Driving Mr. Albert

Driving Mr. Albert: A Trip Across America With Einstein’s Brain
-by Michael Paterniti
211 pages (2000)

Driving Mr. Albert one is one of those unique works that elude interpretive hyperboles a ‘magnum opus’. You don’t describe it you experience it.

The weighty equation E=mc2 and the theory of relativity, conjure up images of a wiry-haired wrinkled genius known to the world as Albert Einstein. The author, Paterniti, mixes his own equation with words. The result? More than just a relative success, Driving Mr. Albert is a light and amiable concoction of humor, eccentricity, wit, poignancy, as well as raw and often highly amusing observation. The ever-curious journalist (Paterniti) researches and finally meets Dr. Harvey, the mortician who performed the autopsy on Einstein in 1955. Scandal ensued when Harvey absconded and ultimately "disappeared" with the brain of the genius himself, claiming to be doing scientific studies to assertain if there were any unique facets to it. As Paterniti and Harvey's worlds collide, the result is far from prosaic.

Paterniti writes with such a personal flourish of his own, I was instantly captivated and found myself a passenger aboard his eccentric cross-country pilgrimage with Dr. Harvey and their third “passenger”, Einstein’s brain (bobbing in a formaldehyde-filled Tupperware container stowed in the trunk).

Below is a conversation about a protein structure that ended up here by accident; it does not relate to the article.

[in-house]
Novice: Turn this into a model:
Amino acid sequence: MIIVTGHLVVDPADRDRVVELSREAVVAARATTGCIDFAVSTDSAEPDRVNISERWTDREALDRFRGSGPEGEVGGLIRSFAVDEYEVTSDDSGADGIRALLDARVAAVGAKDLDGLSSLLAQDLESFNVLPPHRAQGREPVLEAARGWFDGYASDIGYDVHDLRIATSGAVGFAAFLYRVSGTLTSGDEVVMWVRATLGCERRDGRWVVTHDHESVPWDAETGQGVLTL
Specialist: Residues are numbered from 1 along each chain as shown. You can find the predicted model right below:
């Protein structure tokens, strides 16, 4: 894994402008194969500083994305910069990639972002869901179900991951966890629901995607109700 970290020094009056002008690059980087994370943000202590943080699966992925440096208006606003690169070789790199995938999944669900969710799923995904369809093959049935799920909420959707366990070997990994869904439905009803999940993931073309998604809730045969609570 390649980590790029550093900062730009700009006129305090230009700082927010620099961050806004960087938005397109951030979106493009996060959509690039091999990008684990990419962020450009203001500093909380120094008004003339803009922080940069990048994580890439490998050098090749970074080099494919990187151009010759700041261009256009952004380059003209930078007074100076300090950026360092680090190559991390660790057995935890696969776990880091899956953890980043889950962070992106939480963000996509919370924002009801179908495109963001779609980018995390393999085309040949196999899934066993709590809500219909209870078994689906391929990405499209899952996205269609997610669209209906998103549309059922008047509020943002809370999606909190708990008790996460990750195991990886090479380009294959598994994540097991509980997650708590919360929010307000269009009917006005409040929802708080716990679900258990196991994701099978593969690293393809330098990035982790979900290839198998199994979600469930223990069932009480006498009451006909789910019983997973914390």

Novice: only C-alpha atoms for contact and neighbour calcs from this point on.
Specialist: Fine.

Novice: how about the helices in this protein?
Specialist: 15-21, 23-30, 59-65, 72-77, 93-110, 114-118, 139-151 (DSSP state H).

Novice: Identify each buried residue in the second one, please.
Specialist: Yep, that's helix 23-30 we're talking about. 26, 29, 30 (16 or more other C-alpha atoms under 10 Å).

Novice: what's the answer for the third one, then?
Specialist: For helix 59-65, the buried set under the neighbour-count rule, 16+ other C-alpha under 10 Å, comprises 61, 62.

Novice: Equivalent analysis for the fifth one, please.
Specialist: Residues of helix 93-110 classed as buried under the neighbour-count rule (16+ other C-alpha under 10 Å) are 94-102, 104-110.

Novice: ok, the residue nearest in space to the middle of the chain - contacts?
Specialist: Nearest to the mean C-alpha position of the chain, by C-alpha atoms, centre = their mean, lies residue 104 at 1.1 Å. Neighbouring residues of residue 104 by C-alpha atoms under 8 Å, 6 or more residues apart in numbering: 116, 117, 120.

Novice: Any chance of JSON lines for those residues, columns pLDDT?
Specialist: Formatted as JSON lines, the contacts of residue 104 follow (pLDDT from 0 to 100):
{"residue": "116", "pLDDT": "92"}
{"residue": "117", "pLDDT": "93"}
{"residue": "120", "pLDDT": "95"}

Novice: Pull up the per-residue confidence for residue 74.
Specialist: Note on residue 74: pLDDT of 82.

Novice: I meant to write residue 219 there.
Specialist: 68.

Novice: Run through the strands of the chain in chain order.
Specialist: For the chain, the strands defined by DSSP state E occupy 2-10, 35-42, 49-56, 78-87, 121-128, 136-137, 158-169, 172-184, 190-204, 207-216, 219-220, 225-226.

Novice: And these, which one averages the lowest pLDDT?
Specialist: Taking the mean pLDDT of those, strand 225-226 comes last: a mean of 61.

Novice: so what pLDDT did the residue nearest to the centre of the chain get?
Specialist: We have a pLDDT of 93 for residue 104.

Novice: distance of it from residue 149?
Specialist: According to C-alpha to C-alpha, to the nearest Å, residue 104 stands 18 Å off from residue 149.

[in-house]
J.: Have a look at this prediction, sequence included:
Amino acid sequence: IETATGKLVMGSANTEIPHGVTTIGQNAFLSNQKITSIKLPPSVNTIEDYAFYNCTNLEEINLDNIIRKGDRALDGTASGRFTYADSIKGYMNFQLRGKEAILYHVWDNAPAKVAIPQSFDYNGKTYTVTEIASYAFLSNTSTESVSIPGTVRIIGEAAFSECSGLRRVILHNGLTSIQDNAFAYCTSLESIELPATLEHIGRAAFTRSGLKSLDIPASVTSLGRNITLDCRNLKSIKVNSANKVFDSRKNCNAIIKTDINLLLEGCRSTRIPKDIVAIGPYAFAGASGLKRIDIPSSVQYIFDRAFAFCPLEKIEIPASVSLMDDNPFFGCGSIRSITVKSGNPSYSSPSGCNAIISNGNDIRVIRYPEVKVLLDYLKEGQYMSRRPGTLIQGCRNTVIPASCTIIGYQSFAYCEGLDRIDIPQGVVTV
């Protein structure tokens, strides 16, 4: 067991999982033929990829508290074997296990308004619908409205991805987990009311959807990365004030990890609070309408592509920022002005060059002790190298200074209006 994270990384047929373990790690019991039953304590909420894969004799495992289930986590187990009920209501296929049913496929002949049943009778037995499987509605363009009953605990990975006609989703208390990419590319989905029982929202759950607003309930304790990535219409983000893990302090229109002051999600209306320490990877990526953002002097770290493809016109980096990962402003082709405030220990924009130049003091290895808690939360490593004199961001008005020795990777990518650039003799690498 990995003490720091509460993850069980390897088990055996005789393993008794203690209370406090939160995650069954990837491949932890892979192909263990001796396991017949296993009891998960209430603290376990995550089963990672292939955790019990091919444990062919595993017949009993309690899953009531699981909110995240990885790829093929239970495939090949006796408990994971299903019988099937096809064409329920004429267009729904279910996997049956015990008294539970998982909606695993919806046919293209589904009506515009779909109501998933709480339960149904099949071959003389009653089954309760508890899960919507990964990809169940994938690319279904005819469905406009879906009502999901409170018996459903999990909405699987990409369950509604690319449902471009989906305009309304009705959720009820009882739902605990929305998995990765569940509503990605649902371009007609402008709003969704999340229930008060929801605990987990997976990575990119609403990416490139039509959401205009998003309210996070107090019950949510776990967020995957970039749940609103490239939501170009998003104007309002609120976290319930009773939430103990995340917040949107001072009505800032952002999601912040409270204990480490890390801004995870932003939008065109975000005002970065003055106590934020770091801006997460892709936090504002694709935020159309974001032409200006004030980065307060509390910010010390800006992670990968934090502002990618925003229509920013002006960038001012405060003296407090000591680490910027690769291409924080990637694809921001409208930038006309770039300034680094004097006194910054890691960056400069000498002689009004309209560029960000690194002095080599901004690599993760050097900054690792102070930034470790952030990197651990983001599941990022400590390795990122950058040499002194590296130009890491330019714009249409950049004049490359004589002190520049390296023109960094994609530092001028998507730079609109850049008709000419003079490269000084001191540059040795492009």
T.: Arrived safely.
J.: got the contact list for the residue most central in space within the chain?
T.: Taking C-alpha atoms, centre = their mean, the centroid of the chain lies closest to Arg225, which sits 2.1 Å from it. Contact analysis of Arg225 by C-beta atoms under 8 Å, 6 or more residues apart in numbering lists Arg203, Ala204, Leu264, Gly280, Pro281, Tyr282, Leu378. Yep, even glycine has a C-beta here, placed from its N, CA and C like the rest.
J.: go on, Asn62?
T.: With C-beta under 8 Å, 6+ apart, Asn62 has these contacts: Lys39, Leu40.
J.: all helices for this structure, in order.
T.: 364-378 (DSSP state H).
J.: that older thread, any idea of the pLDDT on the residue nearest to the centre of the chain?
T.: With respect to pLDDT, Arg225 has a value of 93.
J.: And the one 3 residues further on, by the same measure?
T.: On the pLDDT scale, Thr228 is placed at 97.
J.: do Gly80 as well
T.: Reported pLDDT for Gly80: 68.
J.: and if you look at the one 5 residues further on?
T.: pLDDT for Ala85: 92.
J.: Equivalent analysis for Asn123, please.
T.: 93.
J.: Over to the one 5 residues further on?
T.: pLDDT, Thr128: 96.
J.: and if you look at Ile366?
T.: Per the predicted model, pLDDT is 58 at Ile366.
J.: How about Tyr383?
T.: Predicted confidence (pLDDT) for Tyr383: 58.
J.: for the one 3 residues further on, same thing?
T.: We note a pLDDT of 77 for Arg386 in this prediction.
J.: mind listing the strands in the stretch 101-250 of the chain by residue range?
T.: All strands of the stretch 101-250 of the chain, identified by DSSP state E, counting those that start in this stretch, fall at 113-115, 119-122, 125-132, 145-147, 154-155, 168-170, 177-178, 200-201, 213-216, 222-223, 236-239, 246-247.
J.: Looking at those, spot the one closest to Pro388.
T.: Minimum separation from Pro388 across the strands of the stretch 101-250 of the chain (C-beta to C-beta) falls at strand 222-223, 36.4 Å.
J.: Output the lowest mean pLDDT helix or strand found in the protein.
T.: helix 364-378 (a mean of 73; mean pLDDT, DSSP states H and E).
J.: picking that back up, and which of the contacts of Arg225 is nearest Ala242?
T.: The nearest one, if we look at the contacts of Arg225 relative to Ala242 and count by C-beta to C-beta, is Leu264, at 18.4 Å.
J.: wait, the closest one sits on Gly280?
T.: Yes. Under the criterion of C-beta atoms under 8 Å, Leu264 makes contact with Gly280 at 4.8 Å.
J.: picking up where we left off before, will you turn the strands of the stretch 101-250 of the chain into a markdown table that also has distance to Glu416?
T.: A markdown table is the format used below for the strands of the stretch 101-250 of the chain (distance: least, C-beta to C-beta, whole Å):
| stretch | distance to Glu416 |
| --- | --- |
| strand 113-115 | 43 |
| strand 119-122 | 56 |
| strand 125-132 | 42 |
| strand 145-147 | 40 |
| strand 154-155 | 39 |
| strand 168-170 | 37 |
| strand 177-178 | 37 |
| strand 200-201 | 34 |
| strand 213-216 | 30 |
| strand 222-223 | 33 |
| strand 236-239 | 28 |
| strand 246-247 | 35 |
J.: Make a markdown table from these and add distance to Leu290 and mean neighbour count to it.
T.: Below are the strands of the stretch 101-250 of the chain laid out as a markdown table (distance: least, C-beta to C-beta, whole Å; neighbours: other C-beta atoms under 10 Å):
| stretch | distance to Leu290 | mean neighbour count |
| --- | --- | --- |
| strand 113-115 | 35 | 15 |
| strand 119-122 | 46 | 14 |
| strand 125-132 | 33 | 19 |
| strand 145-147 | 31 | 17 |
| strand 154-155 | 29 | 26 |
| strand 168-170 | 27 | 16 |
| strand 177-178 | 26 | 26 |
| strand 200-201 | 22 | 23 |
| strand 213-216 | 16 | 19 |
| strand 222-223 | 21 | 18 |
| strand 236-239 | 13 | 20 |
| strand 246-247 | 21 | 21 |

Driving Mr. Albert is the embodiment of the cliché: it’s not the destination, but the journey that counts. As Paterniti and Harvey bomb towards California in a rented Skylark to rendezvous with Einstein’s granddaughter, Evelyn, the author not only ascertains much about the contradictory persona of Einstein, and Dr. Harvey’s fascinating life, but also about his own existence. The words I absorbed enraptured me in laughter, had me strolling down my own memory lane, and brought me near to tears during unexpected poignant scenes. The story and the intriguingly vivid characters, coupled with Paterniti’s descriptive rhetoric made for an utterly arresting read. It also makes for wonderful light weekend reading -as its mere 211 pages will attest - and can be finished in a few sittings. With a plethora of these factors in its favor, Driving Mr. Albert is an entertaining anecdote, both deep and humorous.


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